Everything old is new again. Like spying on Americans and wanting to lock them up.

THE BURGLARY: The Discovery of J. Edgar Hoover’s Secret FBI by Betty Medsger is a depressing reminder that very little in the 21st century debates over government surveillance is new, except the technology.
The book recounts a once-infamous 1971 incident (I’d never heard of it myself—1971 was a little before I got interested in politics) in which a handful of antiwar activists (Vietnam War) decided to see if they could learn any facts behind the rumors that the FBI was spying on left-wing activists, even those who were nonviolent and not committing any crimes. They scoped out the FBI regional office in Media, PA, organized a plan for the caper—despite nervousness about what would happen if things went wrong—and broke in the night of the Muhammed Ali/Joe Frazer fight (figuring everyone would be glued to the tube so the office complex would be more deserted than usual). They succeeded and were never captured or identified, though the book, with their consent, names them (Medsger was one of the journalists who received copies of the documents from the raid).
What they discovered was the crack in the FBI legend so carefully built up by Director J. Edgar Hoover over the years. Far from being a dauntless crime-fighting organization pitted against the sinister octopus of organized crime, Hoover’s overwhelming obsession since the FBI’s birth had been the left wing: Communists, socialists, “pinks” (people who weren’t Reds but were sympathetic), and people who were none of those but questioned the status quo anyway (Hoover seems to have been a textbook authoritarian). The documents taken in the burglary, and subsequent revelations building upon them made multiple revelations:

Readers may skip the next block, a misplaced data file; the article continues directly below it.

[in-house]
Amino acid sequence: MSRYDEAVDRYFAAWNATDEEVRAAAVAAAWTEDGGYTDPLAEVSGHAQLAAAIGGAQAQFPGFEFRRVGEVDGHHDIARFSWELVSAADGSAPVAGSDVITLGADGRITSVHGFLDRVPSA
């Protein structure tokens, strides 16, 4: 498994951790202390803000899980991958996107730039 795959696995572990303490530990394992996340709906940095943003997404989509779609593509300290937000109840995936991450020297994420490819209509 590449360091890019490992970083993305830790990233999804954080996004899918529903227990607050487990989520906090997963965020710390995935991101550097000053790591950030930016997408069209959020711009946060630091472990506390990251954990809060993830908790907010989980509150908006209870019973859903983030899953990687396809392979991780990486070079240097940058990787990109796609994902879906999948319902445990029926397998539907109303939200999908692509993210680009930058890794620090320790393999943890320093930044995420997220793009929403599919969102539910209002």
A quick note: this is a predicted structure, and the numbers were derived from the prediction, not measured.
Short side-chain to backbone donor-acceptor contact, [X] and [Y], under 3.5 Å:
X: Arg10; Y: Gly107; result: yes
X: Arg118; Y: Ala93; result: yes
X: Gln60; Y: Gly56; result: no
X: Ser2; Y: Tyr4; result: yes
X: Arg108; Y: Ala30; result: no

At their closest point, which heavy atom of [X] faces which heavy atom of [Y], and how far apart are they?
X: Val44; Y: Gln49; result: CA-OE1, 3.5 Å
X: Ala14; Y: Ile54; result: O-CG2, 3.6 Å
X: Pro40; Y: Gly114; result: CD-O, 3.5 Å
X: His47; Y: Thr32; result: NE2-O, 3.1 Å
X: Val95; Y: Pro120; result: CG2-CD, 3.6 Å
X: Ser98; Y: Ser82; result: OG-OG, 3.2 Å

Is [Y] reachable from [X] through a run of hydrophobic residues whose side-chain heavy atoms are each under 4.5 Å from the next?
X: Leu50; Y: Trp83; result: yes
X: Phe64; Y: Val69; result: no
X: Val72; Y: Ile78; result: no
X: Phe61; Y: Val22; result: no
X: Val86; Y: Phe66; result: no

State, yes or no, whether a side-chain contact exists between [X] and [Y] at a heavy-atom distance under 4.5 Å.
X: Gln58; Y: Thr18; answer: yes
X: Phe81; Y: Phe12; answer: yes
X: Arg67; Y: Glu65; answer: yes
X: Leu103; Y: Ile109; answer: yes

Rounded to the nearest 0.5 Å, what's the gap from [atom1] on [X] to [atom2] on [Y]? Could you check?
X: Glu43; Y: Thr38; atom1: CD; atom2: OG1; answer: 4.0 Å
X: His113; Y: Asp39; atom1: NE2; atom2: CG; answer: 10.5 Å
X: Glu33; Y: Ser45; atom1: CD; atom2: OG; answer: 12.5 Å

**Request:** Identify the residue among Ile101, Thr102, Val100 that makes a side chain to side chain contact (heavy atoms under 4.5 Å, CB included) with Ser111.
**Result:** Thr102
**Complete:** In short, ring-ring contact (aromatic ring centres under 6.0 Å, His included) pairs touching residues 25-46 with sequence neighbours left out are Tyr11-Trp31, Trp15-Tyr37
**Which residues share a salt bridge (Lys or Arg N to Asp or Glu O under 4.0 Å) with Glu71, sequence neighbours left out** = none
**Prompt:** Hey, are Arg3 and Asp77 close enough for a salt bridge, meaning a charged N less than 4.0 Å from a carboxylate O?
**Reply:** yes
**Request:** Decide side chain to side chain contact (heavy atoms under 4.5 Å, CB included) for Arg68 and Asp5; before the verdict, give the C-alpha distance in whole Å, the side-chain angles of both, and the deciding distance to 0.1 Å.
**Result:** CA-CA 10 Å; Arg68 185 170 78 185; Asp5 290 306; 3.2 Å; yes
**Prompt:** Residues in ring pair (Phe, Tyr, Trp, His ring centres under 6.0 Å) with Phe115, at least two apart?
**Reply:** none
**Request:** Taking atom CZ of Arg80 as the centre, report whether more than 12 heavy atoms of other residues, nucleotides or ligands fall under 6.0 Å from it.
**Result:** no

•Hoover had maintained a list of subversives to be locked up in the event of war or national emergency as potential threats. The list stretched to thousands of people. Several attorney generals (Hoover’s nominal superiors) had told him to drop the plan, but he ignored them.
•The FBI actively spied on anti-war protesters, civil-rights protesters and everyone else. It had infiltrated groups to an absurd extent: The Socialist Workers Party, 2,500 strong at its peak and completely legal, had been infiltrated by a total 1,600 FBI agents over the years.
•The feds also did their best to disrupt and destroy left-wing movements. Trying to push Martin Luther King to suicide. Spreading rumors actress Jean Seberg, who openly supported civil rights, was having an illegitimate mixed-race baby (Medsgers credits this with killing Seberg’s career). Much of this was under the umbrella of COINTELPRO, an organized anti-leftist FBI campaign.
•Requiring agents to develop black informants. If that was impossible—they worked in a community with no black residents—they had to file for an exemption.
None of this targeted people for violent acts, criminal acts or even conspiracy. Simply crossing the government was enough. If a magazine published an article critical of the FBI, Hoover investigated the author. If people wrote in to the magazine and said they liked the article, Hoover investigated them too. If it meant assigning people away from investigating real crimes, so be it. It makes me suspect there’s some truth to one writer’s theory I read some years back, that Hoover hated dissent much more than he did crime. Criminals, after all, were breaking laws, but not trying to change them, unlike the civil-rights activists and anti-war protesters.
Sounds familiar doesn’t it? Obsessive spying on anyone even vaguely suspicious, plans to detain people as enemy combatants … and much as with the Bush II and now Obama spying, very little accomplished. As Medsger notes, for all the FBI’s work, it never anticipated the Weathermen bombings and the FBI didn’t catch them (most of them turned themselves in years later).
Which is why we have a fourth amendment. Because this is what governments do. It’s what law enforcement frequently does. How we get the lawmen to start obeying the law again … I wish I knew.

12 Comments

Filed under Movies, Politics

12 responses to “Everything old is new again. Like spying on Americans and wanting to lock them up.

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